But on to the week that followed. This week actually began on Sunday evening as we found out the Colorado Dept. of Public Health (CDPHE) was going to make a recommendation at the HB 1366 meeting the following day in regards to setting up a committee to “approve” all edibles products. CBS4 called and asked if was willing to do an interview Sunday night. Exhausted from Vegas, I wasn’t in the mood to…until he told me that they had interviewed one of the SMART Moms, who have become my arch nemesis. As a rational parent of three, I can say with confidence that their goal is to spread misinformation and fear under the guise of “but its for the children!” The “rumor” is that they are funded by big Pharma. Not sure. But makes for great conspiracy theory fodder. Then, on Monday it was four mind numbing hours of discussion at the HB 1366 meeting. Our marketing director represented the industry well in a group debate that included the aforementioned SMART Moms, as well as the Marijuana Enforcement Division (MED), Childrens Hospital, poison control, CDPHE, law enforcement and legislators. No consensus was to be had. I wont go into the details as to the specifics of HB 1366 but if you're interested, click here.
The highlight of the next day was participating as a member of a committee chosen by the CDPHE to help roll out the State’s $4M+ general education/youth prevention campaign. This is a very tangible confirmation to me that I made the right decision. I have been begging everyone I know in government to let me/Dixie/the industry have a voice in how we roll out this critical piece of the experimental puzzle. The RFP process for an agency took place a few months ago and my former agency submitted, but didn’t win. I mention that not for their lack of a win…that happens in agencies. I mention it because one of the reasons I got into this business was a feeling that I could either sit on the outside and armchair quarterback what was taking place, or I could help affect changes from the inside out. Ten months later, I find myself fulfilling on that goal by serving on the committee that will have direct influence over the implementation of the program vs. lamenting that my agency didn’t win the bid for whatever reason.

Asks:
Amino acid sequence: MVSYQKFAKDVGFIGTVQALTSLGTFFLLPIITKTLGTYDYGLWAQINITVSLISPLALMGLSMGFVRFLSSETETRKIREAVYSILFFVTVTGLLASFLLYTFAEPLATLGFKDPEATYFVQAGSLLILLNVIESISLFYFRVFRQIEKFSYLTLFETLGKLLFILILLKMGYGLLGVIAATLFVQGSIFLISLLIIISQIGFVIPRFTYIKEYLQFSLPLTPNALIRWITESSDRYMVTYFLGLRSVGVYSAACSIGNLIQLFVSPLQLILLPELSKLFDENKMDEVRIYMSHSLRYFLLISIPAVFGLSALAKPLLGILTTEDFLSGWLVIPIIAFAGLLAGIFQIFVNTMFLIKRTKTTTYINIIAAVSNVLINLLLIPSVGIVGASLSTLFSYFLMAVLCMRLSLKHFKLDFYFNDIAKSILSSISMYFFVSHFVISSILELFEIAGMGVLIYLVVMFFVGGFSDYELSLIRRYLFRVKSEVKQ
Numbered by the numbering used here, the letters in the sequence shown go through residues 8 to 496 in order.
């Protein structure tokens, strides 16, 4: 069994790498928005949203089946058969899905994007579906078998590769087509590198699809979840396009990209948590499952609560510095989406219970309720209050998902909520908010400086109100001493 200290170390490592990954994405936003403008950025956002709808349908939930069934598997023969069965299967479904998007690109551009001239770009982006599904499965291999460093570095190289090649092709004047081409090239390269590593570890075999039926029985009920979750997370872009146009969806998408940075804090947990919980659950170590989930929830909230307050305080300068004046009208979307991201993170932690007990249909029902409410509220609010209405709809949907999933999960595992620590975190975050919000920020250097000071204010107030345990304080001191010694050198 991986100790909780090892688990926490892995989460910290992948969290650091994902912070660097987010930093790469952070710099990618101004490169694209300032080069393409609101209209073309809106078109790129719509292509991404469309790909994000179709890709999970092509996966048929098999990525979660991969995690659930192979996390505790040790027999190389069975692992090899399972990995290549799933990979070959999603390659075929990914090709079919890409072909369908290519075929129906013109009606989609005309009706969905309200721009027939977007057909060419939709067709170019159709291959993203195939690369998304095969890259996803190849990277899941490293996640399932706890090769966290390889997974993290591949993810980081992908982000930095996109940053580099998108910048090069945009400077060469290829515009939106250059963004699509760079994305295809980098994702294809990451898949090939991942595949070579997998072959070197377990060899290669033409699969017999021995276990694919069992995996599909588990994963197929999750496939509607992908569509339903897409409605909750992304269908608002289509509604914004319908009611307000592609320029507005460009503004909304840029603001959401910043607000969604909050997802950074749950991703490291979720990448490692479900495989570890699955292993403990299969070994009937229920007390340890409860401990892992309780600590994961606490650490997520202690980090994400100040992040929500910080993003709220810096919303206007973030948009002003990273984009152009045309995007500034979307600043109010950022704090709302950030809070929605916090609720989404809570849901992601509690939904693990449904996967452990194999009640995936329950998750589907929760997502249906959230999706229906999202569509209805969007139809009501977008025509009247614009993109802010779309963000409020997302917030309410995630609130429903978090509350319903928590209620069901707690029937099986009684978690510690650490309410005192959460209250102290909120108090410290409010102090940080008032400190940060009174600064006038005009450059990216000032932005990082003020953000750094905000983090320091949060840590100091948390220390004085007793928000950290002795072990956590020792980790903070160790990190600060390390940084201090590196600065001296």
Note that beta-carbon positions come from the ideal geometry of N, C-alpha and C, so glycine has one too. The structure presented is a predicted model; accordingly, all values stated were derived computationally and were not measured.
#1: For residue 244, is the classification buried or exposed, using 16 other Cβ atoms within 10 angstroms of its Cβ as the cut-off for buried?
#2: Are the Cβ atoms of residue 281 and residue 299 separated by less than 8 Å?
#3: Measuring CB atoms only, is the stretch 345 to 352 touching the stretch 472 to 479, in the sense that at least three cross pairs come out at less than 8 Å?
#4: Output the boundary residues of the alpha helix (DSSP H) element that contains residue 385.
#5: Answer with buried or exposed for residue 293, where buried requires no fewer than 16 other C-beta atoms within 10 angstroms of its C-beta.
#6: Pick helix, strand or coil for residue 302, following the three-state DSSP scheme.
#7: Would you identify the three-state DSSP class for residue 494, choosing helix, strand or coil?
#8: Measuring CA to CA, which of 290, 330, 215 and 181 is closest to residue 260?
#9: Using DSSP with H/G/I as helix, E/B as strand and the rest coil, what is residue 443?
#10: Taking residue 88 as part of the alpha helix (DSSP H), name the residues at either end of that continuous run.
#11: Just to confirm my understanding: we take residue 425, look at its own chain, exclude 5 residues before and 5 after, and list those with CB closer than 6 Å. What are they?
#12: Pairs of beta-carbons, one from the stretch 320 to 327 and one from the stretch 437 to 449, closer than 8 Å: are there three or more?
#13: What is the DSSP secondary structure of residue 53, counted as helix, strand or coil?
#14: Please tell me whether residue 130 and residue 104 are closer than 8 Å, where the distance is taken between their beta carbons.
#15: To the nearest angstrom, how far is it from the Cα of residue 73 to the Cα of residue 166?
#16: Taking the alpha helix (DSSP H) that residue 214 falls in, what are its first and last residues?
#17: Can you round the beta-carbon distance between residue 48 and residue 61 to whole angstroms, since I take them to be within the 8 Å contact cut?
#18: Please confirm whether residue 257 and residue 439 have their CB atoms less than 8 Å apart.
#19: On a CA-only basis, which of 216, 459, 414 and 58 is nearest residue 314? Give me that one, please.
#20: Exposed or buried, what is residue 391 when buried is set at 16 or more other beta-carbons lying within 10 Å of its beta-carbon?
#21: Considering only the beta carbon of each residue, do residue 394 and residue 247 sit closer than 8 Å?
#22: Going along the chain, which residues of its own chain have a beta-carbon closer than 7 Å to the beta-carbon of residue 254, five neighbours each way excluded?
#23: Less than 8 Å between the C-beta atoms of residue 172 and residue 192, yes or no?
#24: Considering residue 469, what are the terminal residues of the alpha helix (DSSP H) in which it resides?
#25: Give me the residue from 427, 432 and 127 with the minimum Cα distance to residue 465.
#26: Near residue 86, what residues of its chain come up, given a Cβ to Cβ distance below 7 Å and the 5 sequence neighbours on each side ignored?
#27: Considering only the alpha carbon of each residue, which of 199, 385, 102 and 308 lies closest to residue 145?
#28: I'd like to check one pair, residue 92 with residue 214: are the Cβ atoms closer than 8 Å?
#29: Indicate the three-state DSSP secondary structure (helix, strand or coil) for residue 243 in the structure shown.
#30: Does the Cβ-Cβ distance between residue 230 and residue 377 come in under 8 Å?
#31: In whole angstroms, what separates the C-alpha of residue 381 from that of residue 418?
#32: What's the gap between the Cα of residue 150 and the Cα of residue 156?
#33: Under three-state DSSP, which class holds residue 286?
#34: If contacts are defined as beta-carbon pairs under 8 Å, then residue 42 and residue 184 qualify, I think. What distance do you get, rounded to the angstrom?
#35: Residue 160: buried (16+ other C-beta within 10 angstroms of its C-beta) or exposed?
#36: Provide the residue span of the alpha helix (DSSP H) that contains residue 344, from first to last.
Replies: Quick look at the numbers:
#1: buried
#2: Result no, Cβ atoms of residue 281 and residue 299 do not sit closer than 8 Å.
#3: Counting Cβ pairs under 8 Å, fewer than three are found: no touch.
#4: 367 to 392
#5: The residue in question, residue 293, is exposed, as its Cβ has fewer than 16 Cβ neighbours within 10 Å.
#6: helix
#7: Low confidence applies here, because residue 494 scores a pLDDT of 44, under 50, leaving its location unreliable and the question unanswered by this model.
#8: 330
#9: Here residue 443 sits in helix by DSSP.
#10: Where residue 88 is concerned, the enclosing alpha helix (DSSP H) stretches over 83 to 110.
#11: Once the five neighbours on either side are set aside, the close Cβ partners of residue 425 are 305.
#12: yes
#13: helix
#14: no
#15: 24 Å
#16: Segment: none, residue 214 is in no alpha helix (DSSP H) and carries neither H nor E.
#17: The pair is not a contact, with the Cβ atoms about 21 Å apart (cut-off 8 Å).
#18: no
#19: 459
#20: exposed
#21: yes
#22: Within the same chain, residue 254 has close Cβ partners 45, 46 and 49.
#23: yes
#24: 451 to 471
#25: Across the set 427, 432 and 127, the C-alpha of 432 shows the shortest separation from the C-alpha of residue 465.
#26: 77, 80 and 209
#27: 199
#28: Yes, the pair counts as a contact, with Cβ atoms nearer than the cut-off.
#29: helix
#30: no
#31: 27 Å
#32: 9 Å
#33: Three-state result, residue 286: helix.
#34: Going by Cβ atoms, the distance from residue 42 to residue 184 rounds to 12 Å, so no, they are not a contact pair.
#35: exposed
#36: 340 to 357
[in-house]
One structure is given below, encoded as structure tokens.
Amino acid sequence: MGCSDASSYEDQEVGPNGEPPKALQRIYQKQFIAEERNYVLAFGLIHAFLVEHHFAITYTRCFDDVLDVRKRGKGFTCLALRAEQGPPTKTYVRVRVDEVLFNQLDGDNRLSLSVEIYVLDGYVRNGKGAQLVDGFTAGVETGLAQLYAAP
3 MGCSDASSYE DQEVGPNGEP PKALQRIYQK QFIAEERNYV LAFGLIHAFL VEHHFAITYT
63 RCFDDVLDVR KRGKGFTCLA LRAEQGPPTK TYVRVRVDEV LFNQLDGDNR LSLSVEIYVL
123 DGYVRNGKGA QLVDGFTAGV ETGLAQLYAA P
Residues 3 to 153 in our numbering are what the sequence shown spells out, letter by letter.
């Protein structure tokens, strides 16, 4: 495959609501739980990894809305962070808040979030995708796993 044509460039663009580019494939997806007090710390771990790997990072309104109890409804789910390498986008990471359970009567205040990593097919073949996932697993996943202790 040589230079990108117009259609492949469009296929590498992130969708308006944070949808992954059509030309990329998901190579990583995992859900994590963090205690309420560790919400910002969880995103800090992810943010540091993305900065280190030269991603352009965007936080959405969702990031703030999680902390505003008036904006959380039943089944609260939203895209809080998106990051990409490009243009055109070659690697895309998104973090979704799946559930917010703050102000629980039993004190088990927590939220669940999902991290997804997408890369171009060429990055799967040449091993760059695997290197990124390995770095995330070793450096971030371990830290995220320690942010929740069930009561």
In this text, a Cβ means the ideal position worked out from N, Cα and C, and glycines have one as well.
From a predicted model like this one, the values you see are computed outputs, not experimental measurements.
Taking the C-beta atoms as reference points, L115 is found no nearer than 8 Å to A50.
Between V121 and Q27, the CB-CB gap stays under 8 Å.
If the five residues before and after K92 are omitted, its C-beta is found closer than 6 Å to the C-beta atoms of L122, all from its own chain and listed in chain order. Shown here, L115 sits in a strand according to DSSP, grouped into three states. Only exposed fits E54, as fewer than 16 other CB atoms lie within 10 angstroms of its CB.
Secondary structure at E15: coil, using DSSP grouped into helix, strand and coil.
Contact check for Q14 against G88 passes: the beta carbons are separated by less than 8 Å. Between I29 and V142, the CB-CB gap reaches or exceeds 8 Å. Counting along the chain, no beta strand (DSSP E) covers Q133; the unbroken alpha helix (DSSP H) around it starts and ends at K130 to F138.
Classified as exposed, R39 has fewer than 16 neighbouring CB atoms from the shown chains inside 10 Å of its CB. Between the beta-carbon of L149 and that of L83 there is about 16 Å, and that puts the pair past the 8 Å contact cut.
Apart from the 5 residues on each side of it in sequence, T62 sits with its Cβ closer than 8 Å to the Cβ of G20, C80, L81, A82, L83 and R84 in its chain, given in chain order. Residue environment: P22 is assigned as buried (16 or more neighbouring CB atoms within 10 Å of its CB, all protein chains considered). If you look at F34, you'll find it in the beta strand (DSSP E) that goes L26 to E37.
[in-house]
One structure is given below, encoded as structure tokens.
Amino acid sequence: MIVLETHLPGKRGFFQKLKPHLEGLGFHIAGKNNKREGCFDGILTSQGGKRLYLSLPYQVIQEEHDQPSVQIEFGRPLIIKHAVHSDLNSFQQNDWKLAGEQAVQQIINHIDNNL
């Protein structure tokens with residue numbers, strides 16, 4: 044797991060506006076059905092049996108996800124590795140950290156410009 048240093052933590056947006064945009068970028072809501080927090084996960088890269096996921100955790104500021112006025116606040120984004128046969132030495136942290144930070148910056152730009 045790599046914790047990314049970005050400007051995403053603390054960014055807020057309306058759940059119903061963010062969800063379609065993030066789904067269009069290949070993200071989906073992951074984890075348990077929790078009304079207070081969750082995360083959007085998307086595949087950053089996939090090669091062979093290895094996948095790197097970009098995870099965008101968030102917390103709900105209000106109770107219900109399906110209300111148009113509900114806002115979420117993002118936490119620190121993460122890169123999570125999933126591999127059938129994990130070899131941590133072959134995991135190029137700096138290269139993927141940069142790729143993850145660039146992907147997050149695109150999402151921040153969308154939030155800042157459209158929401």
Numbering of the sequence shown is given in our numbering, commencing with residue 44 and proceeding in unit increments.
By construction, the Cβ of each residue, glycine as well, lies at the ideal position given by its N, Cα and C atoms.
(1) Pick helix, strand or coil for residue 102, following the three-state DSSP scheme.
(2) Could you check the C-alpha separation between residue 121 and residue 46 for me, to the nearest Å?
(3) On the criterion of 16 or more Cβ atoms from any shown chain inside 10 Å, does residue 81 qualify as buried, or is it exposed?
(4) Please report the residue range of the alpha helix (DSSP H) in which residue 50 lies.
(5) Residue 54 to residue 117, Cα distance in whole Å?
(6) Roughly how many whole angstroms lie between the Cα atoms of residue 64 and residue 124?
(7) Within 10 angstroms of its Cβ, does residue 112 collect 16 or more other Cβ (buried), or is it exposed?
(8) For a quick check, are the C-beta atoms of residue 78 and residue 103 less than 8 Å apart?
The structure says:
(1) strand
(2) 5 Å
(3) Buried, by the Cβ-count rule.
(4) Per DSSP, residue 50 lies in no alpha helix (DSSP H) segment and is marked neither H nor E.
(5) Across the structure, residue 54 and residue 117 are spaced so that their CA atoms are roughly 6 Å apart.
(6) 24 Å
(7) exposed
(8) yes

Then there was 60 Minutes. Yep. In the past two weeks, 60 Minutes was in the house with host Bill Whitaker as was CNBC and Harry Smith. We were asked to participate on behalf of the governor’s office, so we gladly hosted the Governors Drug Czar, a great young bureaucrat named Andrew Freedman, as well as Bill and about a half dozen camera guys. This came on the heels of an hour long interview with Harry Smith of CNBC just a few weeks prior. And this coming week we will be on CNBC again as well as MSNBC, as teasers for the upcoming 6 part docu-series, “Pot Barons” that has been filming with us for the past six months.(NOTE: Pot Barons launched this week!)